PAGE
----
Savings penalised. Italians’ savings over the last five years (2006)

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Over the last five years, Italian households have reduced their annual savings by 40%, from 106 billion set aside in 2001 to 64 billion in 2005. In the same years, the savings quota fell from 8.9% to 4.8% of the gross domestic product.
The decline in Italian households’ propensity to save was caused, on the one hand, by the growing difficulty due to rising prices and, on the other, by the many strong discouraging factors that hindered savings and made them less attractive. In particular, the fall in income (due to inflation not sufficiently compensated by wage increases) forced many middle-class families to devote most or all of their income to consumption in order to maintain or try not to lower their standard of living too much. But there were also strictly financial causes: among these were the losses incurred by savers as a result of the defaults on Argentine, Cirio and Parmalat bonds and the fall in yields on Treasury bonds following the reduction in interest rates.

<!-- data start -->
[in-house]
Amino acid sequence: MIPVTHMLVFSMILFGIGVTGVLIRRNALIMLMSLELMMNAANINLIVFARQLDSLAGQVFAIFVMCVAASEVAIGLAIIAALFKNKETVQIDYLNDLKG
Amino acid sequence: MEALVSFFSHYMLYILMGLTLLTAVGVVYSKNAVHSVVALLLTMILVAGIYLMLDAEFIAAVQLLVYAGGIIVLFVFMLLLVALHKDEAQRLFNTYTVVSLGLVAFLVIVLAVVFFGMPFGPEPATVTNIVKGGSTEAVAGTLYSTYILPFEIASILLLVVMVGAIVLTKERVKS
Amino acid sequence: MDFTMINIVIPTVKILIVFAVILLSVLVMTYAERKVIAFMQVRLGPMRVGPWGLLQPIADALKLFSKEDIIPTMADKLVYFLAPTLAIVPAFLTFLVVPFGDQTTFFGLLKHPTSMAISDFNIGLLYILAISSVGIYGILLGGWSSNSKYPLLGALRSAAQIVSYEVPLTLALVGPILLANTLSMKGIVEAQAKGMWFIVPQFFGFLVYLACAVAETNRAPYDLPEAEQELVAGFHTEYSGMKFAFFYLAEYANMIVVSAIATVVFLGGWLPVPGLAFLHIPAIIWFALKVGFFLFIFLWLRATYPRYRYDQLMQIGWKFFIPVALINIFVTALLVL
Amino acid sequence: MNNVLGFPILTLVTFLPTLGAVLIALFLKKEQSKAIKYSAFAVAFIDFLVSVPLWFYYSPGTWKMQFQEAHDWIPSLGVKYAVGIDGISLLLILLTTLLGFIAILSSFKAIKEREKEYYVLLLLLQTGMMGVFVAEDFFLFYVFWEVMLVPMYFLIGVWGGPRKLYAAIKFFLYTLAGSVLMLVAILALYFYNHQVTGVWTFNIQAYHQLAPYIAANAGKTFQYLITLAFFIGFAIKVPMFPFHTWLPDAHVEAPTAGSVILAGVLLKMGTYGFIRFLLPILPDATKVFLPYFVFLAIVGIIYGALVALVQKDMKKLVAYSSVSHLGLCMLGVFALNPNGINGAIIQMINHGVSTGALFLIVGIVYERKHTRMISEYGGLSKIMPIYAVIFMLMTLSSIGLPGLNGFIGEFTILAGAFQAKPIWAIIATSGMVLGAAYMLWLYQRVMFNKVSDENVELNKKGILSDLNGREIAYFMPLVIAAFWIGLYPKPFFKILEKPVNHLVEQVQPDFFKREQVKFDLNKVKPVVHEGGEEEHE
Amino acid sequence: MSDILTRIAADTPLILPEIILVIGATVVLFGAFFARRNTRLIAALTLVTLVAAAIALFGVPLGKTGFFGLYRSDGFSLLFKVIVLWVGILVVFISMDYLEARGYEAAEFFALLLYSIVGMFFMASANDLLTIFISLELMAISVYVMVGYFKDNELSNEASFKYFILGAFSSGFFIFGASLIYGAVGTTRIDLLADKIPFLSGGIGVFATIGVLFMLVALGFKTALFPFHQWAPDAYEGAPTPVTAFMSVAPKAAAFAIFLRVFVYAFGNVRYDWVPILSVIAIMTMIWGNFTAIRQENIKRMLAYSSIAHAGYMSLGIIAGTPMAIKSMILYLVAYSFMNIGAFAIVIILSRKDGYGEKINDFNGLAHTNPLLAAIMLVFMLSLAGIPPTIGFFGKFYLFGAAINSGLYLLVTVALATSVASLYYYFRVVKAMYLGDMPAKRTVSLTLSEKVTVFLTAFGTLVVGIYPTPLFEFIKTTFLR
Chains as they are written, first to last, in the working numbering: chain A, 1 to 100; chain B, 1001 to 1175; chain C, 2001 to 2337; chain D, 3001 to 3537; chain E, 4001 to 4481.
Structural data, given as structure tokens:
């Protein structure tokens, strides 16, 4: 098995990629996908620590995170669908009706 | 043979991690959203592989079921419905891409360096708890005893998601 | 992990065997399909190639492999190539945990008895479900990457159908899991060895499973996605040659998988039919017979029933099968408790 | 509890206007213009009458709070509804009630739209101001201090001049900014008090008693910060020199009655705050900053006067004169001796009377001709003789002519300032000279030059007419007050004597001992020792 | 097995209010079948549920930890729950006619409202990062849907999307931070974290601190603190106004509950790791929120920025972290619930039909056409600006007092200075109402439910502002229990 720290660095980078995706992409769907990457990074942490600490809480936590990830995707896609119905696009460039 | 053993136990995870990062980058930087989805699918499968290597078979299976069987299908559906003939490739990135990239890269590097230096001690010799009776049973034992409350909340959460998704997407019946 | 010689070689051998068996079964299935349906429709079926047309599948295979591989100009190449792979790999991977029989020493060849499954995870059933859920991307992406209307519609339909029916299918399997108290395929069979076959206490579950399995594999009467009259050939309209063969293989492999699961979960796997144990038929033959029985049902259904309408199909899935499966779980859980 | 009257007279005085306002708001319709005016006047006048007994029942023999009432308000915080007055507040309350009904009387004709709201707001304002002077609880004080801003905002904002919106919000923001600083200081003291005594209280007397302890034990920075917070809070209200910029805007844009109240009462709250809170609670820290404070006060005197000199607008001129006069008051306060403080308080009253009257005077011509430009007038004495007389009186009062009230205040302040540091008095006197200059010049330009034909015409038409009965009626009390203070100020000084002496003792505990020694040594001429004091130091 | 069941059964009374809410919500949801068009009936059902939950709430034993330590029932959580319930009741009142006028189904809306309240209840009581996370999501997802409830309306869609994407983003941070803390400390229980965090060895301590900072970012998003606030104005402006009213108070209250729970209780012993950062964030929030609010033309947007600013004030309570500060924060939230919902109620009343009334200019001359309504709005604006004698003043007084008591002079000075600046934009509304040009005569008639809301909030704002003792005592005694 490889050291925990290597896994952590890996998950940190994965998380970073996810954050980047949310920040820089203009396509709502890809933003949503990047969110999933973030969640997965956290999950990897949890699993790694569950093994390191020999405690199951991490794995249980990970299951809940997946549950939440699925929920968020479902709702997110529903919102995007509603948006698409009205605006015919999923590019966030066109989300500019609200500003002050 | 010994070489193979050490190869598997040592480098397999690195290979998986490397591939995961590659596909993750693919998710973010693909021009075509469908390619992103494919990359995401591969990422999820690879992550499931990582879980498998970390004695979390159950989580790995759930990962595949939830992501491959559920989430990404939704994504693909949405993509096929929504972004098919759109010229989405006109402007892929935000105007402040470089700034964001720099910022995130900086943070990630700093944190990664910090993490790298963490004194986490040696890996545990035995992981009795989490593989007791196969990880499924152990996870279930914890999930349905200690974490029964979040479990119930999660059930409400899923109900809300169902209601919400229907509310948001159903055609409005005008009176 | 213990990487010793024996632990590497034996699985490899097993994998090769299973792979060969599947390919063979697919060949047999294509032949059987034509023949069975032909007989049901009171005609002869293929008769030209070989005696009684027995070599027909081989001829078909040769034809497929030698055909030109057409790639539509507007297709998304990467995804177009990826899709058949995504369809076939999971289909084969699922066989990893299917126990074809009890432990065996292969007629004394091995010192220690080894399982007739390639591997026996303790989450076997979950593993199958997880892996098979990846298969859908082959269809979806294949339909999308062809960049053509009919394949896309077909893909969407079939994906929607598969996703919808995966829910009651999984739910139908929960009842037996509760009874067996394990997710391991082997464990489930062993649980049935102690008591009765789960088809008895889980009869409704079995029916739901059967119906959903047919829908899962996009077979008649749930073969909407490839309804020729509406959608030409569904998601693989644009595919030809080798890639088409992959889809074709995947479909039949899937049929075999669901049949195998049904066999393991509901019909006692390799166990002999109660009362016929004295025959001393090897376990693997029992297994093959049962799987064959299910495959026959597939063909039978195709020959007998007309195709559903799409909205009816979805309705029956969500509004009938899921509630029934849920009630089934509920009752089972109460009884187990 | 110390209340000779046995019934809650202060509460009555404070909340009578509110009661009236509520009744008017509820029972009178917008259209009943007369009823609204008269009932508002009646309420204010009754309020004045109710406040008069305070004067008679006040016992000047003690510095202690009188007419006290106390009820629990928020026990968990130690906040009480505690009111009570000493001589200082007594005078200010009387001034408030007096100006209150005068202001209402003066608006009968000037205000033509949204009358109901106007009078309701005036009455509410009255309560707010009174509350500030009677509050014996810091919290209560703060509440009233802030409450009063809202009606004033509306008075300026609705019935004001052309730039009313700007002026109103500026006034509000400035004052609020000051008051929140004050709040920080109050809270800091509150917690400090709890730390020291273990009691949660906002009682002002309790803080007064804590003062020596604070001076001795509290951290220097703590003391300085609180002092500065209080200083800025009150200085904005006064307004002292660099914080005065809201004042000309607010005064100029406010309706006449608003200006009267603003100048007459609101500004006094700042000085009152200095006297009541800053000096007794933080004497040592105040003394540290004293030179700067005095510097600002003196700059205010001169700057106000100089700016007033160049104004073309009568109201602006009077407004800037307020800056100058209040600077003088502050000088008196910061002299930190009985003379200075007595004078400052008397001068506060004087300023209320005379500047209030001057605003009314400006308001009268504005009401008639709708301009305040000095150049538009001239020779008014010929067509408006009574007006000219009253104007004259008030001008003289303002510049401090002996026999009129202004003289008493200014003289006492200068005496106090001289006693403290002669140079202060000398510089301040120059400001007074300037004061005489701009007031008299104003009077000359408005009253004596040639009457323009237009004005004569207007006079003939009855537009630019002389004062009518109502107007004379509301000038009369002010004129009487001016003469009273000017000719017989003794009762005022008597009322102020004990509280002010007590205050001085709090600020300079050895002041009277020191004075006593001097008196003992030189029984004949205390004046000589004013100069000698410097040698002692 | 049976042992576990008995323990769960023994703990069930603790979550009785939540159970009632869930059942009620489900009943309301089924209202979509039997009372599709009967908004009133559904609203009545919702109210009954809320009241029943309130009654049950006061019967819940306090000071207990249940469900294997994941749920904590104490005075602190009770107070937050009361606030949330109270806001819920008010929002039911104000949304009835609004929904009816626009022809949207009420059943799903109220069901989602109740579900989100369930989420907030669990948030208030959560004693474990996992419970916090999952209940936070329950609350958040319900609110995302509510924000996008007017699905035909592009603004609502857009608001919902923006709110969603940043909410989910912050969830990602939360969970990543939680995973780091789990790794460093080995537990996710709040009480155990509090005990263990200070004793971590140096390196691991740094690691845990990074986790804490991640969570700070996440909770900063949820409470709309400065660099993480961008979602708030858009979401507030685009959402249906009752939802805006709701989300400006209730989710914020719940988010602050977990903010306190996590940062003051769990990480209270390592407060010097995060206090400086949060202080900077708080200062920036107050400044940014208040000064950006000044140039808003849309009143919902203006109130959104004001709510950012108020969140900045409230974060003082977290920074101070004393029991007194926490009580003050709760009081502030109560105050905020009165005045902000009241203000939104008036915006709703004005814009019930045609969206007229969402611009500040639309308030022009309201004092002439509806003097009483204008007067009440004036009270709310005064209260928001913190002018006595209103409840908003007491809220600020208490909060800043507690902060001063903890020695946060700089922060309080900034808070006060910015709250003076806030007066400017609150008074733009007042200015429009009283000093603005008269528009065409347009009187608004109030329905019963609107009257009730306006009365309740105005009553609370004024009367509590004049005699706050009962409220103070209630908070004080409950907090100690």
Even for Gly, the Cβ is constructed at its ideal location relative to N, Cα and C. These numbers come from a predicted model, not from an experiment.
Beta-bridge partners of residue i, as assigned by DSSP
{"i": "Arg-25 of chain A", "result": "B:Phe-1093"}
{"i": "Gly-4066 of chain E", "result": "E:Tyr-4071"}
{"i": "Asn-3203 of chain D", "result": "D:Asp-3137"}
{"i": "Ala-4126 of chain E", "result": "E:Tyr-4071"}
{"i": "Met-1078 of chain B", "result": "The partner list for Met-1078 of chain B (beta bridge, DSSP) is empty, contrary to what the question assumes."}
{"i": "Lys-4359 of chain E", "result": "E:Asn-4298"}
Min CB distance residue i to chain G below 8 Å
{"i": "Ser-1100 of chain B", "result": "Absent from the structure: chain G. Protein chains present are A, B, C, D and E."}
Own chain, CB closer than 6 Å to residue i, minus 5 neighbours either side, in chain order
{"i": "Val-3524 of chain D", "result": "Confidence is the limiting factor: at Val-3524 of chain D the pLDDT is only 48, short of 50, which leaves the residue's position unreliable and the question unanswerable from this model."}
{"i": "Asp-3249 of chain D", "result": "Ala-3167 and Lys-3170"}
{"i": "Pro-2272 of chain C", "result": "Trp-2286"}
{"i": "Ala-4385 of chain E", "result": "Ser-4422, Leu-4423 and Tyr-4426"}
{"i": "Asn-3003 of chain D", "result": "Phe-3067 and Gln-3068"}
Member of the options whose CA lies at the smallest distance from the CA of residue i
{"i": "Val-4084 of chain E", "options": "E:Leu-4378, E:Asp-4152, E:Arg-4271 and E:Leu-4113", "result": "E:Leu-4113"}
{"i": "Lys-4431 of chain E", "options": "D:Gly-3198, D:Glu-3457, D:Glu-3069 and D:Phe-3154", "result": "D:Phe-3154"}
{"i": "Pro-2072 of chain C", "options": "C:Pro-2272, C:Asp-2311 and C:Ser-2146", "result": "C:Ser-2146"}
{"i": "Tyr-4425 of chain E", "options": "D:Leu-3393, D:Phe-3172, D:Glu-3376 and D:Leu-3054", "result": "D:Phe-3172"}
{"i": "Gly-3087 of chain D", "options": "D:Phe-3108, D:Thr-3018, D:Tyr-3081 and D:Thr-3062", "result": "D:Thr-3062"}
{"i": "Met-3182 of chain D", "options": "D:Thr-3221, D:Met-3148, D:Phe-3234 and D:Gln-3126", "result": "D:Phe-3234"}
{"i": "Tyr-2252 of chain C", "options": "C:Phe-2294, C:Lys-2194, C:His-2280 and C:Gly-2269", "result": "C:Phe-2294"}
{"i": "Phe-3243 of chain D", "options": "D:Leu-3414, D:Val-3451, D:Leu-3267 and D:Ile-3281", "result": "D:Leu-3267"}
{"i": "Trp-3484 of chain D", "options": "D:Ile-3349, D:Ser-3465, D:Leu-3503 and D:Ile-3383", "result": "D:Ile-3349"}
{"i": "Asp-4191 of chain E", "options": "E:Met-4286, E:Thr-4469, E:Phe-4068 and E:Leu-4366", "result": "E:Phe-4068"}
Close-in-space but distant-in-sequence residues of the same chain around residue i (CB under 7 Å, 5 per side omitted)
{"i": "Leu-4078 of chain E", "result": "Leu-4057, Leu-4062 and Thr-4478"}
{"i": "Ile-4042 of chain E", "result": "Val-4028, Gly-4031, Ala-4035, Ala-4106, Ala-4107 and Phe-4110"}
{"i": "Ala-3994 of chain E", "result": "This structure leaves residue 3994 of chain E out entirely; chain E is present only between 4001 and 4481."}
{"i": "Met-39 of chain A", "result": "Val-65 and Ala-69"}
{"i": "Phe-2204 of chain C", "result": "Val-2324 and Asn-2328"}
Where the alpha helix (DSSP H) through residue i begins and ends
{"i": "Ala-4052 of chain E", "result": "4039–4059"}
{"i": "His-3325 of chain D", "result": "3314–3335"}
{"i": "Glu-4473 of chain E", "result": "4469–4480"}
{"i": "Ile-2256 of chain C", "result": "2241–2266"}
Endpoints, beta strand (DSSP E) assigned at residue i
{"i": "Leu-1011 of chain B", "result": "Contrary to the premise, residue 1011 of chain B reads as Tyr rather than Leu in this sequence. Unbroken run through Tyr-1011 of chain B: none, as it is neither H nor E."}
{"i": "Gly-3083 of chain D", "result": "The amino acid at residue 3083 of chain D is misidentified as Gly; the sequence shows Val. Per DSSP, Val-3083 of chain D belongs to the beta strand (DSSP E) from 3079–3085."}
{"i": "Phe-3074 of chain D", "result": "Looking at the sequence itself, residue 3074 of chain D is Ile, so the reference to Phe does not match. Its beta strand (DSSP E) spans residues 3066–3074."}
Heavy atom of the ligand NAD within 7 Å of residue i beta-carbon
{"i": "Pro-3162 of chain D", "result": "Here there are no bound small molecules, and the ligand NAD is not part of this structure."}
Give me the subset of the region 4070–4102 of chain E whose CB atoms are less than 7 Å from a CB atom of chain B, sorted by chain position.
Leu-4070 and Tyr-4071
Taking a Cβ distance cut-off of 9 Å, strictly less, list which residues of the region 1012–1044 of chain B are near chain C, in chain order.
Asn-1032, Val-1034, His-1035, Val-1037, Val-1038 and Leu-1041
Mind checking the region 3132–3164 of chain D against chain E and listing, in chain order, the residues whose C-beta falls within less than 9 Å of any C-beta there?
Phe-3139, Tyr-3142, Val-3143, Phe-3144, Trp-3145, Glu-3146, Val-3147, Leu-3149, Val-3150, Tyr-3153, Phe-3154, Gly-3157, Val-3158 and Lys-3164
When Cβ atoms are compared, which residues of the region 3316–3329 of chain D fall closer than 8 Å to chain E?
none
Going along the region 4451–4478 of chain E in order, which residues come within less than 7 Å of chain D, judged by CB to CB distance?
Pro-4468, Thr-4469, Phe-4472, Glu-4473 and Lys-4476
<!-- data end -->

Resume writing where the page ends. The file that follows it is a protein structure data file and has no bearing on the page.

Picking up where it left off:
Savings are not of the same scale throughout the Country: there are big differences in the different geographical areas, with a strong prevalence of the North and the Centre over the South and a prevalence in the big cities. The difference between the South and the North is due both to lower disposable income and to a lower propensity to deposit money in banks in the Southern regions and the Islands (26.2% against 28.6% in the North).

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Introduzione

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Rising prices and numerous strong disincentives hinder saving, causing Italian households’ propensity to save to drop

This content is also available in: Italian

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